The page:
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Managing a Dairy in Crisis: A Lender’s Guide

Managing a failing dairy is always a challenge for agricultural lenders. The complexity of large dairies, the nature of the collateral (live animals and perishable feeds), and the tight margins that exist when milk prices fall or corn prices rise (or both), create substantial risk for lenders, and little room for error.

Only a well-managed dairy can survive in such a market. Dairy operations with weak management are the first to fall. The temptation to cut corners is high for these dairymen. This might delay a non-payment default, but more often than not it puts the dairy into a tailspin from which it is not likely to recover.

The key for lenders is to spot trouble early. A lender fooled by a continuous stream of timely payments, while herd maintenance is ignored to save cash for debt service, is likely to face a hopeless situation when loan payments are finally missed.

Getting a well-qualified dairy consultant inside the dairy, and doing so early, is therefore critical. It is true that consultants often discover serious problems, and just as often ask for Bank funding to fix them, but fear of this is no reason for a lender to wait. In many situations the bleeding can be stopped quickly.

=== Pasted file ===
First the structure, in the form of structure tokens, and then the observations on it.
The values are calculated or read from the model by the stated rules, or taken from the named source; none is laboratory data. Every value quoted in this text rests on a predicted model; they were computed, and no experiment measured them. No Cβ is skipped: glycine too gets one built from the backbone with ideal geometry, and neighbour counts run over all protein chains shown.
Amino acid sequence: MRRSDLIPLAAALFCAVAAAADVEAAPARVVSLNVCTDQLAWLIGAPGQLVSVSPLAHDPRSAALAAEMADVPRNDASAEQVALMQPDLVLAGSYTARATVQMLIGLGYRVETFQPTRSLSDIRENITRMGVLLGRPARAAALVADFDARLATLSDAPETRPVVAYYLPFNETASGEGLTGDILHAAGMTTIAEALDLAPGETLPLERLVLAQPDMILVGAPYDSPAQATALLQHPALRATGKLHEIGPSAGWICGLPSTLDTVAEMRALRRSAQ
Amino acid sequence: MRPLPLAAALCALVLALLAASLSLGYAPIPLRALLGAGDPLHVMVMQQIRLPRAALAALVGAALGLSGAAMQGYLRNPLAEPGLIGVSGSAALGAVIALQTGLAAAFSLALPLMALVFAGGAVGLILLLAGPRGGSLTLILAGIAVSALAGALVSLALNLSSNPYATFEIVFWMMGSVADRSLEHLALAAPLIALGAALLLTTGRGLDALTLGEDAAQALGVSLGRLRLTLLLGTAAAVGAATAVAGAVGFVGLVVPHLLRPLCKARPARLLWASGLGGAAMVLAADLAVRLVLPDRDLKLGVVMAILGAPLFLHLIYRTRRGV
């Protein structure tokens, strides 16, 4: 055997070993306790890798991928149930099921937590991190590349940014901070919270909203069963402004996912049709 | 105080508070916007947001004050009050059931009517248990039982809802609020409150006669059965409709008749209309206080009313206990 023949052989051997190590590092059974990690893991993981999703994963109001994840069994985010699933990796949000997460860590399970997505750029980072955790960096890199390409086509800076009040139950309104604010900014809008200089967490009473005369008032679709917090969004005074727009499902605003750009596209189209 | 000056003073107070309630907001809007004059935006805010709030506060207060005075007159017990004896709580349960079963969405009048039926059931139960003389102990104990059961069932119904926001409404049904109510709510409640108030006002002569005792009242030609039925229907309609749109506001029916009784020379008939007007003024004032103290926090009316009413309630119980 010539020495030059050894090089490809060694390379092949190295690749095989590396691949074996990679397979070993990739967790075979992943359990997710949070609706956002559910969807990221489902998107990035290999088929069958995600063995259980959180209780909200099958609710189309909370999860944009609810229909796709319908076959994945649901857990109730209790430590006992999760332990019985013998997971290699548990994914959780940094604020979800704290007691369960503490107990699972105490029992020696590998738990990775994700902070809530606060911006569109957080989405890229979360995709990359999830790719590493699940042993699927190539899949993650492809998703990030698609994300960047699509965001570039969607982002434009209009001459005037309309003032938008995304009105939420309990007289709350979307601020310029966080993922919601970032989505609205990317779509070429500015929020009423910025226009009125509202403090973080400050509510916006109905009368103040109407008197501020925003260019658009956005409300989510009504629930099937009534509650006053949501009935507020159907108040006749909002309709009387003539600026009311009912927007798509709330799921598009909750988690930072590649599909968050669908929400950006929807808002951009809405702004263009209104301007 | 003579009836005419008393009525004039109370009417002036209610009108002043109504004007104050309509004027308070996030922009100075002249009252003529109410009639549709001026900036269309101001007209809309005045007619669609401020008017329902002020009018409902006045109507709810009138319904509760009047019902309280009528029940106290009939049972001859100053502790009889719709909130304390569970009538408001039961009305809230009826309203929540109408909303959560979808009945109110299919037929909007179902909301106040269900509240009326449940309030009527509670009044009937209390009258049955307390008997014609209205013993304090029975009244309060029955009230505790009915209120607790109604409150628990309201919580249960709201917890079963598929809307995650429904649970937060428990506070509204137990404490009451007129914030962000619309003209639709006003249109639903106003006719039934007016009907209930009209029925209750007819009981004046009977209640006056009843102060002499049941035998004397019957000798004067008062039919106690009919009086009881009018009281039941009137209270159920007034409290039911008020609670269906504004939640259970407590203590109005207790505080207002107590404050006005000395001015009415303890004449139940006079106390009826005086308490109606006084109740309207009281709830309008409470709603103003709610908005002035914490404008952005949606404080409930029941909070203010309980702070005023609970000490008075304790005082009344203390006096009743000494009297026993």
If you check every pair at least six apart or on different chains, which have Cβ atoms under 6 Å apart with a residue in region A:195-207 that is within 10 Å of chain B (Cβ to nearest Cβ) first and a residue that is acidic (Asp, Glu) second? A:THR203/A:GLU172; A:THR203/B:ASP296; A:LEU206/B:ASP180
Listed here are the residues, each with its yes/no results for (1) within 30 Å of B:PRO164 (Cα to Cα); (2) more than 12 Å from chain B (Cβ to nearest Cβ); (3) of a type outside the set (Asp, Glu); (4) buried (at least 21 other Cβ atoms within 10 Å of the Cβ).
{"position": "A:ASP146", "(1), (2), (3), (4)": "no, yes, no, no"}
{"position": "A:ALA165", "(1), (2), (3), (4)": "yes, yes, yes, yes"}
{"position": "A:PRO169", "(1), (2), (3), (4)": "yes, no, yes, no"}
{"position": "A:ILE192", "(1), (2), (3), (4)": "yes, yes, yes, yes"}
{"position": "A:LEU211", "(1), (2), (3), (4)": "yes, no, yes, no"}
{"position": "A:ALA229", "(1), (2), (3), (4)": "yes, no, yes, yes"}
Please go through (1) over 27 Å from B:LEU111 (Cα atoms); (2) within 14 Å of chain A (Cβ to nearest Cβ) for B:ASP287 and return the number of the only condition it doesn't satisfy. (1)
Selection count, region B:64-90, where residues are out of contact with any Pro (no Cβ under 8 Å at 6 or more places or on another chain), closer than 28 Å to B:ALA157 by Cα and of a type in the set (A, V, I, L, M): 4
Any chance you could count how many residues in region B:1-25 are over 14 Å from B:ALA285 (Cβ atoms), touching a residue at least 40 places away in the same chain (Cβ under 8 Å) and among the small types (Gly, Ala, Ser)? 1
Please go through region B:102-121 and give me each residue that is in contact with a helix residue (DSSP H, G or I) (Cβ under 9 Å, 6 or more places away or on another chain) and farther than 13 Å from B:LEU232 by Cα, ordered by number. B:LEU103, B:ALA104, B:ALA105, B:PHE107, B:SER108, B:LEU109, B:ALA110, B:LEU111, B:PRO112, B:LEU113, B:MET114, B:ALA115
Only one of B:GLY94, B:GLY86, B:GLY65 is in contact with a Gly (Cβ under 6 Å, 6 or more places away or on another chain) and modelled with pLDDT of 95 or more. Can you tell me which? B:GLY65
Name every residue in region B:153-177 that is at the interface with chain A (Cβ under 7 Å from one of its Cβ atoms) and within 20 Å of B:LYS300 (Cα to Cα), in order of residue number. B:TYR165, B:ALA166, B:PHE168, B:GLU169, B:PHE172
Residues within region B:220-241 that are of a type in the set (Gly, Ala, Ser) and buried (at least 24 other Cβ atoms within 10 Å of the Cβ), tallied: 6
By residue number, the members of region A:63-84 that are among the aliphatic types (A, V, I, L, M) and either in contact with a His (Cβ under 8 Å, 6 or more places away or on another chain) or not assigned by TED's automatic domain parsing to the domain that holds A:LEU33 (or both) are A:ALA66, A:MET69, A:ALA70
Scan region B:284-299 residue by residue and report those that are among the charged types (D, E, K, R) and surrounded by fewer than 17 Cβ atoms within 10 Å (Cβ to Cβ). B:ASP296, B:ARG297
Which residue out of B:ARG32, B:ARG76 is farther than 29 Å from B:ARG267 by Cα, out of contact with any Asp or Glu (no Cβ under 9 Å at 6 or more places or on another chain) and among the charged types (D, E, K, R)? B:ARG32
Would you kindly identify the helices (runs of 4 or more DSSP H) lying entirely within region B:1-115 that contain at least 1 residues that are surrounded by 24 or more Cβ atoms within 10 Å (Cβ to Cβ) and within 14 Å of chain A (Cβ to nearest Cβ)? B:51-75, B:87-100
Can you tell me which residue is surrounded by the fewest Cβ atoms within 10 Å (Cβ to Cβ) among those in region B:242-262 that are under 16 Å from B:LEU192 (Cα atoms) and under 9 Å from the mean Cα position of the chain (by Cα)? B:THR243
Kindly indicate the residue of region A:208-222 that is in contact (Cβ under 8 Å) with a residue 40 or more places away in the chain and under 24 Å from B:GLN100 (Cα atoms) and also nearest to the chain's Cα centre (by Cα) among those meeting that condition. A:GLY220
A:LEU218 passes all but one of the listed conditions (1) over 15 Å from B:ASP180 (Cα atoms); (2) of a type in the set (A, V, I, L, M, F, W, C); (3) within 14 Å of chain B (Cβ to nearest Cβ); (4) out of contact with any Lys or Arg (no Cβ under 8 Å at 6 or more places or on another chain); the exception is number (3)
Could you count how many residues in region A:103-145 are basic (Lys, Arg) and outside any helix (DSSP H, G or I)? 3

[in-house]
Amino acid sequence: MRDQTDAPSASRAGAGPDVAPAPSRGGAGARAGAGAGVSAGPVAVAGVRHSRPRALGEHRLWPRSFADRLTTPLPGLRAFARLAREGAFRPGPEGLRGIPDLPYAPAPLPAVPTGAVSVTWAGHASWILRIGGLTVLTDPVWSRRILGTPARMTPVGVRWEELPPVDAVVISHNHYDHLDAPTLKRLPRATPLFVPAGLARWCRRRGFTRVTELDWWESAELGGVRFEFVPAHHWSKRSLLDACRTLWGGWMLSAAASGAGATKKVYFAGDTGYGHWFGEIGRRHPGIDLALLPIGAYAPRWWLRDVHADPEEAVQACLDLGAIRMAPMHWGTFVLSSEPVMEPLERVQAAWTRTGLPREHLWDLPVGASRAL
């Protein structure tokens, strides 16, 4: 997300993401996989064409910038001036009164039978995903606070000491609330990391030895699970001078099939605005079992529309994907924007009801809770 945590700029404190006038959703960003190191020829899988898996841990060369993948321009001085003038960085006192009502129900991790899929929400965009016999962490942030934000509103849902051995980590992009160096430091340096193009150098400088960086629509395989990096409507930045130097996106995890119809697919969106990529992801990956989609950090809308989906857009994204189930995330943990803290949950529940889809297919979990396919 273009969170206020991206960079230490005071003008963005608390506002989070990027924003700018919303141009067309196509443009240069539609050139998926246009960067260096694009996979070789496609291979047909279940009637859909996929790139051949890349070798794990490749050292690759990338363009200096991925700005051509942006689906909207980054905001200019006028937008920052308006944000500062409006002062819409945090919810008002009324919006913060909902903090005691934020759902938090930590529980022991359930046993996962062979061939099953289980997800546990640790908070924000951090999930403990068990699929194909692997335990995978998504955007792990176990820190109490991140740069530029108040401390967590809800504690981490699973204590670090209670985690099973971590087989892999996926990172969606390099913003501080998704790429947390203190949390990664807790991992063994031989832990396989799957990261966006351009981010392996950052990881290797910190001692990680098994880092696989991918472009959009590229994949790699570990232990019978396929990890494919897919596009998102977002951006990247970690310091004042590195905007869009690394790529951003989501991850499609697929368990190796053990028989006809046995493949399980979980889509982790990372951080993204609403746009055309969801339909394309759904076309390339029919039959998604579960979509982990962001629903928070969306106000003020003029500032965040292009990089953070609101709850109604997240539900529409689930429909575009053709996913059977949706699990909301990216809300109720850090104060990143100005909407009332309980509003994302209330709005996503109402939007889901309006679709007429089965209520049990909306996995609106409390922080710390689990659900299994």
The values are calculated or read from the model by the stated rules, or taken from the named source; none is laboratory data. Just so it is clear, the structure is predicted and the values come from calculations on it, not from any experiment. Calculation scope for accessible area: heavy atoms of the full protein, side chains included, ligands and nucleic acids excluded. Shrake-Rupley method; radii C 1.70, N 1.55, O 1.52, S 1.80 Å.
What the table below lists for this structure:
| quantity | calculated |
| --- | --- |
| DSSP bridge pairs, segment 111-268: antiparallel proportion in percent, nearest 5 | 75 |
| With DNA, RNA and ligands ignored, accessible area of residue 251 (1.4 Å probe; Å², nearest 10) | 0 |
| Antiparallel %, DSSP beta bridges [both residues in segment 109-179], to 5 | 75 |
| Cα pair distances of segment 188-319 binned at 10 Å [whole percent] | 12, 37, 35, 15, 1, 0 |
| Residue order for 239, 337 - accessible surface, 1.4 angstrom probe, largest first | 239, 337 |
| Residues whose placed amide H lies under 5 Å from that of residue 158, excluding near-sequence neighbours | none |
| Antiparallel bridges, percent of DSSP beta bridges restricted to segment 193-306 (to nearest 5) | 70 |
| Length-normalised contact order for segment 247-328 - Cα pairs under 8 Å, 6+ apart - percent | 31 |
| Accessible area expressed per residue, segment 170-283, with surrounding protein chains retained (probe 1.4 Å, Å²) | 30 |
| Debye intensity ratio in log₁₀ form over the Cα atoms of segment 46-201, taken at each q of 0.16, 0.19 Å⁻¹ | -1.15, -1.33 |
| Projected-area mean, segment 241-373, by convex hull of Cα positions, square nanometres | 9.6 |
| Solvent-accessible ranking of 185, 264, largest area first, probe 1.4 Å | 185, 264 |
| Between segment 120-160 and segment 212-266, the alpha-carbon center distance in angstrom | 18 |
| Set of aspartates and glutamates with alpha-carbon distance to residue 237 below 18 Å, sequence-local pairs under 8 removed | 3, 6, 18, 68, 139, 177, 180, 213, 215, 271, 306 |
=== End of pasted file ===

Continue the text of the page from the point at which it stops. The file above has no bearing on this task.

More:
A darkened dairy, but one that is fully-permitted, can and often does bring a higher auction price than the exact same dairy in fully operational mode. It is thus possible to take a failing dairy, sell the animals and feed, clean the place up, and get a better return than trying to manage the dairy as a going concern, typically an expensive and labor-intensive undertaking. The point is that it is often possible to drastically cut current expenses and increase collateral values at the same time.

If, however, the dairy is viable as a going concern, a skilled consultant can often generate plus-side margin sufficient to pay receiver-related and operational expenses as well as debt service. In almost every case, then, an early call to a highly-qualified dairy crisis manager will avoid, or at least lower, the Bank's losses.

© 2020 Varnum LLPNational Law Review, Volume VII, Number 31


About this Author

Michael S. McElwee, Varnum Law Firm, Financial Services and Bankruptcy Attorney

Mike has a multi-state practice focused on debt restructuring and complex commercial litigation. He serves many businesses, but specializes in automotive, agriculture and telecommunications. He also regularly represents health care research facilities, ambulance agencies, and other health care clients. Mike served as a law clerk to the late Honorable David E. Nims, a United States Bankruptcy Judge. Prior to joining Varnum, Mike was an FBI agent working in foreign counter-intelligence.